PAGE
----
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Challenging a Wrongful Termination

Man in Distress

In most cases, an employee can be fired at any time and for nearly any reason. Employees can also be fired for no reason at all. This is known as “at-will” employment. However, employment law does recognize several exceptions to this rule. To determine if you may have been the target of wrongful termination, your employment attorney near San Jose, CA, will determine whether your employer may have violated California employment law.

Written Contract
Advise your employment attorney whether you have a written contract or other written document such as an employee handbook or policy and procedure manual applicable to your position. Such documents may list specific circumstances for which you may be fired or it may explain that you can only be fired for good cause, or that the employer must first administer progressive discipline. In that case, your attorney may argue that you are not an at-will employee, but that you were wrongfully terminated in breach of an express or implied contract.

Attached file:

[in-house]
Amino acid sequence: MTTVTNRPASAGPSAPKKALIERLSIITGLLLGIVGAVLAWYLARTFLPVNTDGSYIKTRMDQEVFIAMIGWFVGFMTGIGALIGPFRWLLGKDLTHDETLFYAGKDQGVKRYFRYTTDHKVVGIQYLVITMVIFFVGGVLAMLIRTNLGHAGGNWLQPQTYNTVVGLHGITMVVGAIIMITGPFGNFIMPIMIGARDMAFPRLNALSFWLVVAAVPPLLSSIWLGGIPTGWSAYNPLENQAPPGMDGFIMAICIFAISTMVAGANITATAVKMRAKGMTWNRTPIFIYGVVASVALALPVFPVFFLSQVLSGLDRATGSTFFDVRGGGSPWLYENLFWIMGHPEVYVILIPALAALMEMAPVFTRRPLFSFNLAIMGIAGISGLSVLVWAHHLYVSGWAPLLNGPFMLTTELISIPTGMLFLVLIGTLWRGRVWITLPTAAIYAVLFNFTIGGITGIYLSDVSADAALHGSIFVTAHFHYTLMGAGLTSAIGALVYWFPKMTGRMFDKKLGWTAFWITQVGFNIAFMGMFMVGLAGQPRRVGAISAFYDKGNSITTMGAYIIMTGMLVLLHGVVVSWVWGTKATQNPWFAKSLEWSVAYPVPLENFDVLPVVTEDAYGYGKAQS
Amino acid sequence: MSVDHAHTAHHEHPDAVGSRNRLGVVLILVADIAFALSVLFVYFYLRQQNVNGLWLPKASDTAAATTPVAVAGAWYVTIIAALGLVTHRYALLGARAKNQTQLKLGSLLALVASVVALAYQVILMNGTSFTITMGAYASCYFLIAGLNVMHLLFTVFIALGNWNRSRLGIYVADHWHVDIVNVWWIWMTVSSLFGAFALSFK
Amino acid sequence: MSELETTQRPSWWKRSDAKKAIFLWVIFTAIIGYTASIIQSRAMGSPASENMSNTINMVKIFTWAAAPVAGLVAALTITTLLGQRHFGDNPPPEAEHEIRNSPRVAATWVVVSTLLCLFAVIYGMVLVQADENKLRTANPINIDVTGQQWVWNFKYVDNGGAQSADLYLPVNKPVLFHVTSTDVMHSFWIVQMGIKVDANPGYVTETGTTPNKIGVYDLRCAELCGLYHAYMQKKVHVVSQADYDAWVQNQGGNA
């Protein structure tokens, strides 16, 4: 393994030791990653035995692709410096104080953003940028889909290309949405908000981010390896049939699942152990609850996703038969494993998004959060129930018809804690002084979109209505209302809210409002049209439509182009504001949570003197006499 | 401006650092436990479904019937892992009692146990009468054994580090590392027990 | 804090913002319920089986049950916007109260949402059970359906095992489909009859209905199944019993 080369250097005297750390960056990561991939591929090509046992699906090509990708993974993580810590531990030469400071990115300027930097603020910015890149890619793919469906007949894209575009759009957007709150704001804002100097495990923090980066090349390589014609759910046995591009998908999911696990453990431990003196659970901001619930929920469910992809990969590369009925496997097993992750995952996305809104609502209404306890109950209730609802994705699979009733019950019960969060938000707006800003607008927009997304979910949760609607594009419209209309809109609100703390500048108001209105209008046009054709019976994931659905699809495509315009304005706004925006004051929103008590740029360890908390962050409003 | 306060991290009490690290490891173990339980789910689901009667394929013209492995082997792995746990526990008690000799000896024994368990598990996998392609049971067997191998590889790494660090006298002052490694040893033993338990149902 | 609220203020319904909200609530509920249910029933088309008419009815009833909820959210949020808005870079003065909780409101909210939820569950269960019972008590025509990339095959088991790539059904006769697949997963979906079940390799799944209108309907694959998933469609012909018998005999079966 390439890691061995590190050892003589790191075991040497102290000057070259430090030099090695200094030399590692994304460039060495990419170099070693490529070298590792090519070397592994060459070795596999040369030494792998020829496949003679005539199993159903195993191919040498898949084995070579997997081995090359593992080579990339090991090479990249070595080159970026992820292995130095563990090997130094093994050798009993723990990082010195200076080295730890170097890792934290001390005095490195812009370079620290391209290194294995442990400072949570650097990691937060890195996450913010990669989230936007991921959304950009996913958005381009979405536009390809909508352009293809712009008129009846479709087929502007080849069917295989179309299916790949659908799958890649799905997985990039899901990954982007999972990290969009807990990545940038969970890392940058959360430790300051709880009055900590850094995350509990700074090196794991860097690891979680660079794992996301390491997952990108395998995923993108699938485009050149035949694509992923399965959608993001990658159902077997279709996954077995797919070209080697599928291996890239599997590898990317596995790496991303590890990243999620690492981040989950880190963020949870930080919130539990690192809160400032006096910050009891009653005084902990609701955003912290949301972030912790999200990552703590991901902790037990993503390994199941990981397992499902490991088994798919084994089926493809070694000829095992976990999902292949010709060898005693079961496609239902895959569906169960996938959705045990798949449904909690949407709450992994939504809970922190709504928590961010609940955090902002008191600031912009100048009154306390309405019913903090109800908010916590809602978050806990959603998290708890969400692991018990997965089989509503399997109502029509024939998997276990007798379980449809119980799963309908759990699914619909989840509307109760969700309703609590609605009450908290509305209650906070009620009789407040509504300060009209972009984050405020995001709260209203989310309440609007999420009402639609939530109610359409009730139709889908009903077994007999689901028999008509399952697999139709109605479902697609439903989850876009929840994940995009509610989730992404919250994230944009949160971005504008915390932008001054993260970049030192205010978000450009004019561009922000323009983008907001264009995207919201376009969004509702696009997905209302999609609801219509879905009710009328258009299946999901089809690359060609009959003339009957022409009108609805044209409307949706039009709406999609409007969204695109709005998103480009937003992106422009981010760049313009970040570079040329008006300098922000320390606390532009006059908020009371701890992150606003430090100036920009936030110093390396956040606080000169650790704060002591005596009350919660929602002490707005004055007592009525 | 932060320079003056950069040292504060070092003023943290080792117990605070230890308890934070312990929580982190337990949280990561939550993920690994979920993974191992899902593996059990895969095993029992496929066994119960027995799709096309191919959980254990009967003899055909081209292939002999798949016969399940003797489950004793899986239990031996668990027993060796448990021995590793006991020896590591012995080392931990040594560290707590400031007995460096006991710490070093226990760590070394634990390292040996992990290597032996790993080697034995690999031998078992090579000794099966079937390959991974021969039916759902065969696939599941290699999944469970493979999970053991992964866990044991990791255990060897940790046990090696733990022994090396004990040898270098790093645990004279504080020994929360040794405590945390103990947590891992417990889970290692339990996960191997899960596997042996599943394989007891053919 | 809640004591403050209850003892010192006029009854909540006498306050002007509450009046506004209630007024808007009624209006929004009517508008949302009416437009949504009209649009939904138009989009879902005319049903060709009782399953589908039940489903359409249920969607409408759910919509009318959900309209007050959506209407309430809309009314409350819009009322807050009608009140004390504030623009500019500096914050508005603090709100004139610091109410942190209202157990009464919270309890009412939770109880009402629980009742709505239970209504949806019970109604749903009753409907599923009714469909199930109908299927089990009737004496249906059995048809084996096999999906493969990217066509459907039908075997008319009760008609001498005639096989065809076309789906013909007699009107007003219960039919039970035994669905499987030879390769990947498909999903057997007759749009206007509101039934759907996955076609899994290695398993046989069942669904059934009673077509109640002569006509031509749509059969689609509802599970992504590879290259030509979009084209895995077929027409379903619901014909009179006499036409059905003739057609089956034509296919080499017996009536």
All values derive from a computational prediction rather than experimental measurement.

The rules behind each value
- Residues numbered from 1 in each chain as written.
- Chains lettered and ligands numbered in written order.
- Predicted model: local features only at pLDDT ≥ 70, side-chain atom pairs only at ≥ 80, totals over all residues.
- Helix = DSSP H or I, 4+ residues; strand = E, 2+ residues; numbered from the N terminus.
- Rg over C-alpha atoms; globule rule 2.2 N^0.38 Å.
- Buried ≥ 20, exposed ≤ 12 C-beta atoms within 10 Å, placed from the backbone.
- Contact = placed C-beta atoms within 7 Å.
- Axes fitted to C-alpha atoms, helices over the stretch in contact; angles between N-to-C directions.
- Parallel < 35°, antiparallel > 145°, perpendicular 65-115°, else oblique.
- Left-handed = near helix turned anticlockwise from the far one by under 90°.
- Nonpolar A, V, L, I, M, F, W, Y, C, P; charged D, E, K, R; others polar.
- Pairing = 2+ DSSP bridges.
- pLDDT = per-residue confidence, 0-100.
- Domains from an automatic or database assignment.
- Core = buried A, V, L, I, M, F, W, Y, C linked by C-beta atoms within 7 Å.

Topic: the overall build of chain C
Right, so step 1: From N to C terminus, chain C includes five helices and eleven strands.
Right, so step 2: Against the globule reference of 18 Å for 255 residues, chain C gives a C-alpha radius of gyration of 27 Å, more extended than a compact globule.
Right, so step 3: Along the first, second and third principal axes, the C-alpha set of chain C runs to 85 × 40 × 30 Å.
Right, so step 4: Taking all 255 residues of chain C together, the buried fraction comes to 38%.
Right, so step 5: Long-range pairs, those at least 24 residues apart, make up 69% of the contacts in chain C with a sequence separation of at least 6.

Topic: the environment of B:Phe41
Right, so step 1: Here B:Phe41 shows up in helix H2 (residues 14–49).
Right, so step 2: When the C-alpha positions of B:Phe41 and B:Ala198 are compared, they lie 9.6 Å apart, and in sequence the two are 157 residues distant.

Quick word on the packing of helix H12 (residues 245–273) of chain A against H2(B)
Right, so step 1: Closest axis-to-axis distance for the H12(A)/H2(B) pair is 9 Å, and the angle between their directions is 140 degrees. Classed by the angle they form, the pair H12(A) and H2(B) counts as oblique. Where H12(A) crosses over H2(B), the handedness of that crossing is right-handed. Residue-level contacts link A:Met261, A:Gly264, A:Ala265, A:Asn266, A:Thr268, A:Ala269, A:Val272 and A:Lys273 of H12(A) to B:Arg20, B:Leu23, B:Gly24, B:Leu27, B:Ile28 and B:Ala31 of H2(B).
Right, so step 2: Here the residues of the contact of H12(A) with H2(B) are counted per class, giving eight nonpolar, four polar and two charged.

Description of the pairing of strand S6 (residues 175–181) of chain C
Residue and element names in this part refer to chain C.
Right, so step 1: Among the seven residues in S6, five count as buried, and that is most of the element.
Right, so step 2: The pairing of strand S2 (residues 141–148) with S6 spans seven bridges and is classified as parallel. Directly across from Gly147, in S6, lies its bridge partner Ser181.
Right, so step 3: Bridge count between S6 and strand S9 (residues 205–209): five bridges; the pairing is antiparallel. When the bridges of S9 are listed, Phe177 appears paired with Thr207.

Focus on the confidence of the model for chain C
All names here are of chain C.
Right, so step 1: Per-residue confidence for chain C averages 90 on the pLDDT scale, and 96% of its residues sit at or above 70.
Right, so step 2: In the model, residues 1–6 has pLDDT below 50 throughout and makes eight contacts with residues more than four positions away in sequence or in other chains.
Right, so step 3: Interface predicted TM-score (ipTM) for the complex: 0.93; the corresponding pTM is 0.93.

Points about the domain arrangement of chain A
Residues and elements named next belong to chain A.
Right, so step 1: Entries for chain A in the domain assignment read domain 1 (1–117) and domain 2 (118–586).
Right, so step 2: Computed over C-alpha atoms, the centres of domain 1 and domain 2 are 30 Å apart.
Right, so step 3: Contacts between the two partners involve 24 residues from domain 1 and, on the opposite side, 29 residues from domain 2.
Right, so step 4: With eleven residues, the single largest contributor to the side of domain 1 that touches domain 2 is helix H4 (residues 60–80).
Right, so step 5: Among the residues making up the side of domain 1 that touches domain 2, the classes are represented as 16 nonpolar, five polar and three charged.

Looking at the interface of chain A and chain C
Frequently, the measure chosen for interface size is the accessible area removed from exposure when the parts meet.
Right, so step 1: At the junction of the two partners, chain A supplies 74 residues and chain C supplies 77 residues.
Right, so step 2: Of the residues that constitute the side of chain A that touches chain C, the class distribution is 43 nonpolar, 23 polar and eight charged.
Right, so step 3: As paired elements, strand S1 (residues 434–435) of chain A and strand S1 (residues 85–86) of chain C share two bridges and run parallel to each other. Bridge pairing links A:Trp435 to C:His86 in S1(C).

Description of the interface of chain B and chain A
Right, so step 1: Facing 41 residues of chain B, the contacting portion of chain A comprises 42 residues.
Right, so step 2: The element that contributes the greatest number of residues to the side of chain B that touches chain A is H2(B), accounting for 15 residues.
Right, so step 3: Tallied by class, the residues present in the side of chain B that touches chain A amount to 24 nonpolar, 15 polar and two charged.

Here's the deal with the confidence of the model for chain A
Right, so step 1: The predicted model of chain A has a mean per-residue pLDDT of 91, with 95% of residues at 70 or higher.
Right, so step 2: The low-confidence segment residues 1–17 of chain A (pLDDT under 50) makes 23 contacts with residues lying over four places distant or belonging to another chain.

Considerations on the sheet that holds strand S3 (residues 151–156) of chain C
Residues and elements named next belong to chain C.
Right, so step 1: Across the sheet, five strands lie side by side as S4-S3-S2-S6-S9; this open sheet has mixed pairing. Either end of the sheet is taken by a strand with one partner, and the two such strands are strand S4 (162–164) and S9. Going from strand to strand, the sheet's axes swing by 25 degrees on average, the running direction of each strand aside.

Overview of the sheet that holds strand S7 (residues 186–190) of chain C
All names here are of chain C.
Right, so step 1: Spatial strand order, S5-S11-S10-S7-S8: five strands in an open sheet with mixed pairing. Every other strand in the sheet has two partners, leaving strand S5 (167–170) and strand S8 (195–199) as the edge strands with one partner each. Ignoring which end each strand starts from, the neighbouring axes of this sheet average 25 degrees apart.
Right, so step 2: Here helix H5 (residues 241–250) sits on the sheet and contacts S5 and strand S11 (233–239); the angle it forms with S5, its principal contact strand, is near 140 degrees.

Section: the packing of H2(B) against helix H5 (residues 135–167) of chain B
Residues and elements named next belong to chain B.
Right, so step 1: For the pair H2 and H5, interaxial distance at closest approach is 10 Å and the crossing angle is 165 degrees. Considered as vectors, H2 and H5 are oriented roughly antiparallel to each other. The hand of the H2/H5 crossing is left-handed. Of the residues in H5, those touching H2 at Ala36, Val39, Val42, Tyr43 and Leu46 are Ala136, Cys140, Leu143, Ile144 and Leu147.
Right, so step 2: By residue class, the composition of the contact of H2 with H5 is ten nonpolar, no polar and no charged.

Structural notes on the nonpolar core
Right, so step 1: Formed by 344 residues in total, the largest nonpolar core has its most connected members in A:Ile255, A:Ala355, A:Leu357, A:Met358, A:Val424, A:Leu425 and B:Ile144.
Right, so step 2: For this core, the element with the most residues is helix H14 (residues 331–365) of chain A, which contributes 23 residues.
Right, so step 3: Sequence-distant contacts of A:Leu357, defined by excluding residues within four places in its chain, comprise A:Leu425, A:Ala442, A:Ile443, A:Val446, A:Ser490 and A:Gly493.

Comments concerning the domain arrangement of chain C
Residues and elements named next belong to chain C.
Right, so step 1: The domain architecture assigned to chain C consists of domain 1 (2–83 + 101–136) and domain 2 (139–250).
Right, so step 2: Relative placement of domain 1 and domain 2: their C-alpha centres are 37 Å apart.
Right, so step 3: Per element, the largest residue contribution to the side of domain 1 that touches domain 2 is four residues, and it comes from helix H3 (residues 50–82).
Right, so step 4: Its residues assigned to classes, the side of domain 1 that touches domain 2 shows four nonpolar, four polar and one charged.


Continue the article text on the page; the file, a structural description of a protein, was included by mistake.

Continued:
Implied Promise
It is often difficult to prove that an employer breached an implied promise of continued employment to an employee. However, your attorney may bring up certain factors to argue this point. For example, your employer may have an employee handbook that details progressive levels of disciplinary action, which may imply that an employee must go through these procedures before being fired. Other factors that the court may consider include verbal assurances of continued employment, the duration of employment, and the violation of the typical employment practices of the employer.

It is a violation of federal and state laws to fire an employee based on a protected class. Inform your attorney if you feel you may have been fired because of your religion, age, national origin, race, color, disability, pregnancy, or genetic information.

Public Policy Violations
In some cases, a wrongful termination claim may be filed on the basis of public policy violations. For example, it may be considered wrongful termination to fire an employee because he or she took time off to vote, serve on a jury, serve in the military or National Guard, or engage in acts of whistleblowing.